POSTED: Aug 7, 2013 11:09 AM ET
Steve Clifford was a longtime assistant with the Lakers, Magic, Rockets and Knicks.
Editor's note: This is the latest in a series on first-time coaches in the NBA for the 2013-14 season. Tomorrow: Brian Shaw of the Denver Nuggets.
Kemba Walker read the rave reviews from the so-called experts, but in the end, he had to do his own homework on Steve Clifford.
Especially after the one-season experiment that was the Mike Dunlap era for the Charlotte Bobcats.
Steve Clifford Interview
So while Clifford was getting adjusted in his move from an assistant with the Los Angeles Lakers to the new coach of the Bobcats, Walker was busy playing detective.
"If I've learned anything the past two years," Walker said, "it's that things can change, with a quickness, and not always for the better. We went from Coach [Paul] Silas to [Mike] Dunlap and this third time ... well, you want it to be the charm. So yeah, I absolutely did my homework on Coach Clifford. I talked to guys around the league that I knew he worked with and it was all good. All good. I just wanted to make sure. I understood what it is he'll expect from me as his point guard and what guys who have played for him before think of him and know of him, because if we're going to turn a corner and become the team we want to be, we've got to have a coach that's ready to take us to that next level."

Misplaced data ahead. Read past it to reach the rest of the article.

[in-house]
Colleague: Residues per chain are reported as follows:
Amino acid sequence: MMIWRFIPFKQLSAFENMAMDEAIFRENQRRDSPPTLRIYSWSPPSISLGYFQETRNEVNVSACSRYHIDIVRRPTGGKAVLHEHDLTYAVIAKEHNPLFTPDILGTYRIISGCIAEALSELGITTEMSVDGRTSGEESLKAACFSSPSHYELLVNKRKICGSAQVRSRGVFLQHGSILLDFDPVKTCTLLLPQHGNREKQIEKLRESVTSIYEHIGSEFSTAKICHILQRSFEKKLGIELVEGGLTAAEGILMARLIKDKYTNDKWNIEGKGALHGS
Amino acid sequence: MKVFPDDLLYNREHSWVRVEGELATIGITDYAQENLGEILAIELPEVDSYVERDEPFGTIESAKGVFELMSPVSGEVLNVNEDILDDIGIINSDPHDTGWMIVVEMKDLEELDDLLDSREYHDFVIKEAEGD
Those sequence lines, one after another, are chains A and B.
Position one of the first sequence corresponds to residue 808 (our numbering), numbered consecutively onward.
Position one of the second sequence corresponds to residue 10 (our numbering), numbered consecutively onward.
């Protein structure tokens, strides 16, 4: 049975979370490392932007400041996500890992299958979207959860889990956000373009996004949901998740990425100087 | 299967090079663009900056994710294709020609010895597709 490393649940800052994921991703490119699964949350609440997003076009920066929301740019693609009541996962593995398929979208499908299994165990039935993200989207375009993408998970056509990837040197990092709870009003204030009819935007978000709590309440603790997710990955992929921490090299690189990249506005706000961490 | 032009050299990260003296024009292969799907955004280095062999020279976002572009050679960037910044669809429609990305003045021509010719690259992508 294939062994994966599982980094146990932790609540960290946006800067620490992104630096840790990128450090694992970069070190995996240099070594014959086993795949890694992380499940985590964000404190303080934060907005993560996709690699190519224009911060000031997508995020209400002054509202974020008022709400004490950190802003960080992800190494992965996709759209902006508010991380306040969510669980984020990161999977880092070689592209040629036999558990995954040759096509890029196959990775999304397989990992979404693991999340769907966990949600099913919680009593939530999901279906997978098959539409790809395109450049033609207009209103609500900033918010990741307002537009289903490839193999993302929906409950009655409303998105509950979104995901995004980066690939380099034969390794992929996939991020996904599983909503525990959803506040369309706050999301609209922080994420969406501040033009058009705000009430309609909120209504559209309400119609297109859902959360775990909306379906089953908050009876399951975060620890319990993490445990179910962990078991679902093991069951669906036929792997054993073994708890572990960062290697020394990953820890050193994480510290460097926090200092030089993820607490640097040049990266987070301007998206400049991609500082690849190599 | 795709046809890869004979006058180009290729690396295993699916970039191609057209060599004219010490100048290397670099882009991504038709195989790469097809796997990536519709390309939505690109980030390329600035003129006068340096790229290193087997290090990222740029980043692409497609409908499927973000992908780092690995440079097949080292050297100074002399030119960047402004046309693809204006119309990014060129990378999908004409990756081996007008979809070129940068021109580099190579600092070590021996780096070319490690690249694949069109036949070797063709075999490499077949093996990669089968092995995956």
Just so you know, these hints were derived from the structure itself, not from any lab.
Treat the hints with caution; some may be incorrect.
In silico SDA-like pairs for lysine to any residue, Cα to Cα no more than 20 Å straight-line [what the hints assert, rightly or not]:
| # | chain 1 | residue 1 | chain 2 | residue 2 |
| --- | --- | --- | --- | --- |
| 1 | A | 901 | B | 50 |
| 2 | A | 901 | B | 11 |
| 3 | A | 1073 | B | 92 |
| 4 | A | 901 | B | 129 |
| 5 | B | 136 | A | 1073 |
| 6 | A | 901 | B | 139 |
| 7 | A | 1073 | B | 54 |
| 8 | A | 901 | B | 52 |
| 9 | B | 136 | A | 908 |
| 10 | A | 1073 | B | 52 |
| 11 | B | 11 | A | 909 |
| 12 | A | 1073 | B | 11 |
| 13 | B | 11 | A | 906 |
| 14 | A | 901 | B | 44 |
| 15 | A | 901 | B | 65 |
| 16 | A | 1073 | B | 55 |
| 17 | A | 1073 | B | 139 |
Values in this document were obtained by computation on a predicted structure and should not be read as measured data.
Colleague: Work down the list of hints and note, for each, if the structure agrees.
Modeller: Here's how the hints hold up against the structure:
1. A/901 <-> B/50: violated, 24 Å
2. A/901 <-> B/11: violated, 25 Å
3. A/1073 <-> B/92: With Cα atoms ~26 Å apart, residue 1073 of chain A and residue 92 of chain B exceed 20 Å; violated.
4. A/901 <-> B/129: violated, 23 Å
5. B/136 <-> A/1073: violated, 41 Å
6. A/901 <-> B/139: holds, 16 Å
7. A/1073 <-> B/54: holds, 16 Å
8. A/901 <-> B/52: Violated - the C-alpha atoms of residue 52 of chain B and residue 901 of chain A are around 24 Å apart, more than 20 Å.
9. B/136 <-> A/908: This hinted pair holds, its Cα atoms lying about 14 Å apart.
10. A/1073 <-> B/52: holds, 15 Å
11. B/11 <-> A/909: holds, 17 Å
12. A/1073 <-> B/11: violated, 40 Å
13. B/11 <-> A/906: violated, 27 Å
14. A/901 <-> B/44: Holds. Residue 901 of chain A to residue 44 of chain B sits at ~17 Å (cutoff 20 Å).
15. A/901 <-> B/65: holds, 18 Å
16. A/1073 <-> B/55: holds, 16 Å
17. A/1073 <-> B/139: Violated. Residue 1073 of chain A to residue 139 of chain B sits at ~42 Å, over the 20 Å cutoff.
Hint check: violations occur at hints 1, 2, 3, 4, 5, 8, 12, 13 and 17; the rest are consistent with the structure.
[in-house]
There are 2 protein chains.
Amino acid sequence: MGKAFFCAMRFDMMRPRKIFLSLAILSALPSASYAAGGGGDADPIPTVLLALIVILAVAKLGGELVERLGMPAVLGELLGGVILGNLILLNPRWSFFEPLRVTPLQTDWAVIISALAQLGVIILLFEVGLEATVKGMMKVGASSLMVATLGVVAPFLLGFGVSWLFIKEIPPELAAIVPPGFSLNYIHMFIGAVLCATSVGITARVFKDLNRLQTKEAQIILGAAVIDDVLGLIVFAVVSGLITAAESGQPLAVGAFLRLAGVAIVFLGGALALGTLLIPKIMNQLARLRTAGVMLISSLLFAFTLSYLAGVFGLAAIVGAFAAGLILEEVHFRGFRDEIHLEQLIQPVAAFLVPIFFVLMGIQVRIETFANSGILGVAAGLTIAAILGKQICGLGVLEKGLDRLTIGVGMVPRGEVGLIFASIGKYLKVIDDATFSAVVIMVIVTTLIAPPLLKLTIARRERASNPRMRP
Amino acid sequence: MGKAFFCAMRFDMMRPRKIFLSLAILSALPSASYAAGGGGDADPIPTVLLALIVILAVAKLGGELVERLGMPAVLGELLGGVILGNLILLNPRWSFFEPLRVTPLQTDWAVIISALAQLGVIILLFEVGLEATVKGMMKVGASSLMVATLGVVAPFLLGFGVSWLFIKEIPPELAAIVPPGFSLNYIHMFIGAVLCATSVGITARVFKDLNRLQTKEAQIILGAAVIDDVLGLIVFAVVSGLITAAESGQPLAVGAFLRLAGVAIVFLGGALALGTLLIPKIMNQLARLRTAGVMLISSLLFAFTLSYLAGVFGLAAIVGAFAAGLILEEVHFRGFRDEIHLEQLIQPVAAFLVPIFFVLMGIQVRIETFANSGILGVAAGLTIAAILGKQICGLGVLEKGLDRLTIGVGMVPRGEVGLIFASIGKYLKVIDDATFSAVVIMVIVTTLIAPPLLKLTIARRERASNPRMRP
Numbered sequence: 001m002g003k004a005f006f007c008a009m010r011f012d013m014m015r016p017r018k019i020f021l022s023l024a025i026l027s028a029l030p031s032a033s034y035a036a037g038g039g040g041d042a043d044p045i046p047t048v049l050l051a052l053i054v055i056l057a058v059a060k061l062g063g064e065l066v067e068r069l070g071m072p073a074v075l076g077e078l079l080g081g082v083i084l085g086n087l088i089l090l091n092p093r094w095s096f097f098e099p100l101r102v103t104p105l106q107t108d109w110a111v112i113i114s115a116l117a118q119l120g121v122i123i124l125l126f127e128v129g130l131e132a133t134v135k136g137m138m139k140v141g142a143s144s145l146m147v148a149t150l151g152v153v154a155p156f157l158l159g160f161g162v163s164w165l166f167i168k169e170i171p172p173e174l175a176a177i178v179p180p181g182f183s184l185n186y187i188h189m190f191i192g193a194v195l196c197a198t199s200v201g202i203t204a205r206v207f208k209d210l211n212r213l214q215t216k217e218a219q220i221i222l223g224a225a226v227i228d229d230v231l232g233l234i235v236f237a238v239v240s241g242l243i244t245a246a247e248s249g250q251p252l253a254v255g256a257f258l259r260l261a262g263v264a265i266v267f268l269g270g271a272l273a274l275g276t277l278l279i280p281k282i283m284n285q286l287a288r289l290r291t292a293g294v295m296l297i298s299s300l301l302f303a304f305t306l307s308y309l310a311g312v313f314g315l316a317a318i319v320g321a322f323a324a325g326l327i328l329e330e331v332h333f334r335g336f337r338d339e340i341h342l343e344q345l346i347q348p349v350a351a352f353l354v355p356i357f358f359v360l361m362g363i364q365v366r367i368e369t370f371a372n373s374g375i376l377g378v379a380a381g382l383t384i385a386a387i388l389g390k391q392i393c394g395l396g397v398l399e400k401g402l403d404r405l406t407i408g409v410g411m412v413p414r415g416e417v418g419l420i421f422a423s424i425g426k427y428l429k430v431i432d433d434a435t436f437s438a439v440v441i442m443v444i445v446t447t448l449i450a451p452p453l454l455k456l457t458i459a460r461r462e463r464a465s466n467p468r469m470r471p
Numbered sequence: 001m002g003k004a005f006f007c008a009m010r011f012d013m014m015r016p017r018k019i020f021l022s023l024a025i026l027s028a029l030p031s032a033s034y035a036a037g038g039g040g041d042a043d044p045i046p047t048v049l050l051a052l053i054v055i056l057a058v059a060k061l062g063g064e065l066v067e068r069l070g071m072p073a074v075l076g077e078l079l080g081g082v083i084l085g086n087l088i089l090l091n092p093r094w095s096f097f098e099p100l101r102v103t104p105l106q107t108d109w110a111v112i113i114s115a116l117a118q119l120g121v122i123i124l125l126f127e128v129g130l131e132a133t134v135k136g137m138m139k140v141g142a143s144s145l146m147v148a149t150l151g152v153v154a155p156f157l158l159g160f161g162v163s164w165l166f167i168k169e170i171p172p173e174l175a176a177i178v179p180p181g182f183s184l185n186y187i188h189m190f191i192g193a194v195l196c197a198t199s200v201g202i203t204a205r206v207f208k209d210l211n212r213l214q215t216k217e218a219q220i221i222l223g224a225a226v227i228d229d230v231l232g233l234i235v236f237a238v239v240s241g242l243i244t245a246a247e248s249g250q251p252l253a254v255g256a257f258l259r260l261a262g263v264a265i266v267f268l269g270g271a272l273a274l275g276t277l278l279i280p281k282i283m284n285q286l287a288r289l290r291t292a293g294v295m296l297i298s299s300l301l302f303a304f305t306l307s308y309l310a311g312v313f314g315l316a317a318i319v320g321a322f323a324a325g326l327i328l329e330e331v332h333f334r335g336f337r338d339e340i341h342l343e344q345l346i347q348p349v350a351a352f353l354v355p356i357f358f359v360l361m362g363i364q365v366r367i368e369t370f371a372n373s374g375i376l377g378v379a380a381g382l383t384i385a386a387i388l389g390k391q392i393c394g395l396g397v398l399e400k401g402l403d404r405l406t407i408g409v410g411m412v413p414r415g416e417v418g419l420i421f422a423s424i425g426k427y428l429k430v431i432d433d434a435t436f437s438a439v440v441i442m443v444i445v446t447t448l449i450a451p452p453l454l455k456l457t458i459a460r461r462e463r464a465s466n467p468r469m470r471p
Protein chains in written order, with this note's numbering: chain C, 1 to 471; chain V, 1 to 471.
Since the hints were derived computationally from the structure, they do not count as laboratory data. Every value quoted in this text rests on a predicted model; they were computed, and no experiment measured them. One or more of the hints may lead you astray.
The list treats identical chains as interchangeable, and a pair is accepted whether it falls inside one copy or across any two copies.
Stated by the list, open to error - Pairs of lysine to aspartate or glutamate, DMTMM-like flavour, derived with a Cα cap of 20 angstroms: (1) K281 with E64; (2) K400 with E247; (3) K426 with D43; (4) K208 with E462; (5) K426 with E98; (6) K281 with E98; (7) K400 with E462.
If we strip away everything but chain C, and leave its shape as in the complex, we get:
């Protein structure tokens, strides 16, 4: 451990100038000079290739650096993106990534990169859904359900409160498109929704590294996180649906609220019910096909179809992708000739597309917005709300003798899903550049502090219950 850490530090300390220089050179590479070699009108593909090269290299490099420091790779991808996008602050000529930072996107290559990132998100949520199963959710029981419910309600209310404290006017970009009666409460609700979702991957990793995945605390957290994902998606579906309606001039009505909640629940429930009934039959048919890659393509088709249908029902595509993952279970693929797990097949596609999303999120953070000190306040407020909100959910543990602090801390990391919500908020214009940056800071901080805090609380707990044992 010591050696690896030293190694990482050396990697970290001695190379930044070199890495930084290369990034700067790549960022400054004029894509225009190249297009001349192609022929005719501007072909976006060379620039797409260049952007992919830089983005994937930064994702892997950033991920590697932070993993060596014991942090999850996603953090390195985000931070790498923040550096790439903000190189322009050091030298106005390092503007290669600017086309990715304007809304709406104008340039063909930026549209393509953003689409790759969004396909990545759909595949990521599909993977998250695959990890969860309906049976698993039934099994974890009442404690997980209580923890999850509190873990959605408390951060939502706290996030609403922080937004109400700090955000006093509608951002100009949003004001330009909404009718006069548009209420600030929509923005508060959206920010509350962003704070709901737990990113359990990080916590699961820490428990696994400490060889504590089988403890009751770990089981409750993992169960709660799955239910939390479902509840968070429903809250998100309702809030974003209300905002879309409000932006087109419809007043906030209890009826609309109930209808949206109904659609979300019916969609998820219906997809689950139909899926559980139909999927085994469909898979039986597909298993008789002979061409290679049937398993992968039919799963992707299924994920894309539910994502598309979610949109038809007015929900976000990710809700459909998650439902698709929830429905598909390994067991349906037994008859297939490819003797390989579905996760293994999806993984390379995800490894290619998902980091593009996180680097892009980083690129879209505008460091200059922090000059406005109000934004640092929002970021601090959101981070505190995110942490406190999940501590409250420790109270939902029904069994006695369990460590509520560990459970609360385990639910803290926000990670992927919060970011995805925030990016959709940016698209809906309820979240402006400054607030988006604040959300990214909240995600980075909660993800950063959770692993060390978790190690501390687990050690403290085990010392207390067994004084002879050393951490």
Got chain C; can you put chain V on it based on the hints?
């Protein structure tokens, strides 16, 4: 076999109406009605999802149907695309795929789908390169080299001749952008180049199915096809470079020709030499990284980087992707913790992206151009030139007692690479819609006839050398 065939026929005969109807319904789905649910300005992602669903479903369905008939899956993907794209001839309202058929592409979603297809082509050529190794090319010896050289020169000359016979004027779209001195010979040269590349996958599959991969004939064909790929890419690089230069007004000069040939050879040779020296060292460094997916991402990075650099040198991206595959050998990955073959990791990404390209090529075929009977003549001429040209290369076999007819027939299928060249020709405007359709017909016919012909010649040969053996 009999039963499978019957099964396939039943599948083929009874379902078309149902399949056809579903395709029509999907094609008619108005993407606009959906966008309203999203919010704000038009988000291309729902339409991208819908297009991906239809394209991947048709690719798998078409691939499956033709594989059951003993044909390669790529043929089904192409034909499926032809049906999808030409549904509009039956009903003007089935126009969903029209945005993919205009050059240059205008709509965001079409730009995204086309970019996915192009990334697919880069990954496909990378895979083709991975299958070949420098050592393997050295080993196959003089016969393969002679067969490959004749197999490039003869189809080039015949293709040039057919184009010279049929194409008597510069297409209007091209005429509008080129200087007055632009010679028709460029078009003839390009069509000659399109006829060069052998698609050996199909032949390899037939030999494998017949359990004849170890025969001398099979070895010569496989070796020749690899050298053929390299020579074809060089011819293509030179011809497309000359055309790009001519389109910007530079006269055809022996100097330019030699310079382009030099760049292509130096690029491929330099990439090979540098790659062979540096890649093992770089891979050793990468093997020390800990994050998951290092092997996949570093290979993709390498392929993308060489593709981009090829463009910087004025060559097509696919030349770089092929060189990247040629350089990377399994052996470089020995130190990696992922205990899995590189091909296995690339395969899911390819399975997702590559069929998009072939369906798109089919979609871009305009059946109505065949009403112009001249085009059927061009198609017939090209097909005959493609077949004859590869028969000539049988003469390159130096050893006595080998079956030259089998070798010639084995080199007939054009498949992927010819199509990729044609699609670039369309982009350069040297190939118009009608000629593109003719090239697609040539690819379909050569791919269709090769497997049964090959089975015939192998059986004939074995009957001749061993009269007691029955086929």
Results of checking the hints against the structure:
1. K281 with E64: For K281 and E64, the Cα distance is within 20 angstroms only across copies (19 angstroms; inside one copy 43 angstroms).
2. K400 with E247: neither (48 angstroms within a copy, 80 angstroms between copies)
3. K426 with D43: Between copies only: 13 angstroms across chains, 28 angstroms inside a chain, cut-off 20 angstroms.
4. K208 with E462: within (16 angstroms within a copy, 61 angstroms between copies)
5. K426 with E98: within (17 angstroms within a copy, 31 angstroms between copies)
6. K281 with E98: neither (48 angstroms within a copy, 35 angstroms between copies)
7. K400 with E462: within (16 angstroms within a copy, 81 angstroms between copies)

Clifford, 51, hopes to be that guy. Unlike Dunlap, who was a stunning pick for the job, Clifford comes to the Bobcats as one of the most sought after assistant coaches in the league. His 13-year run as an assistant included stints with the Lakers, Orlando Magic, Houston Rockets and New York Knicks. Clifford got his NBA start under Jeff Van Gundy in New York and worked for him again in Houston, alongside now Chicago Bulls coach Tom Thibodeau in both stops.
Stan Van Gundy saw Clifford come into his own as a NBA coach during their time together in Orlando, which included a trip to The Finals in 2009.
"He has got it all," Stan Van Gundy said after Clifford was hired by the Bobcats. "He's a great Xs and Os guy and he has got a great ability to teach and he has great relationships with players. He's very much into preparation. He won't take any shortcuts. Steve will put a great emphasis on developing players. Not just skill development, but using film, talking to guys individually, spending time with them. And on the court he will emphasize defense, ball movement and guys playing together. He will be a fabulous head coach."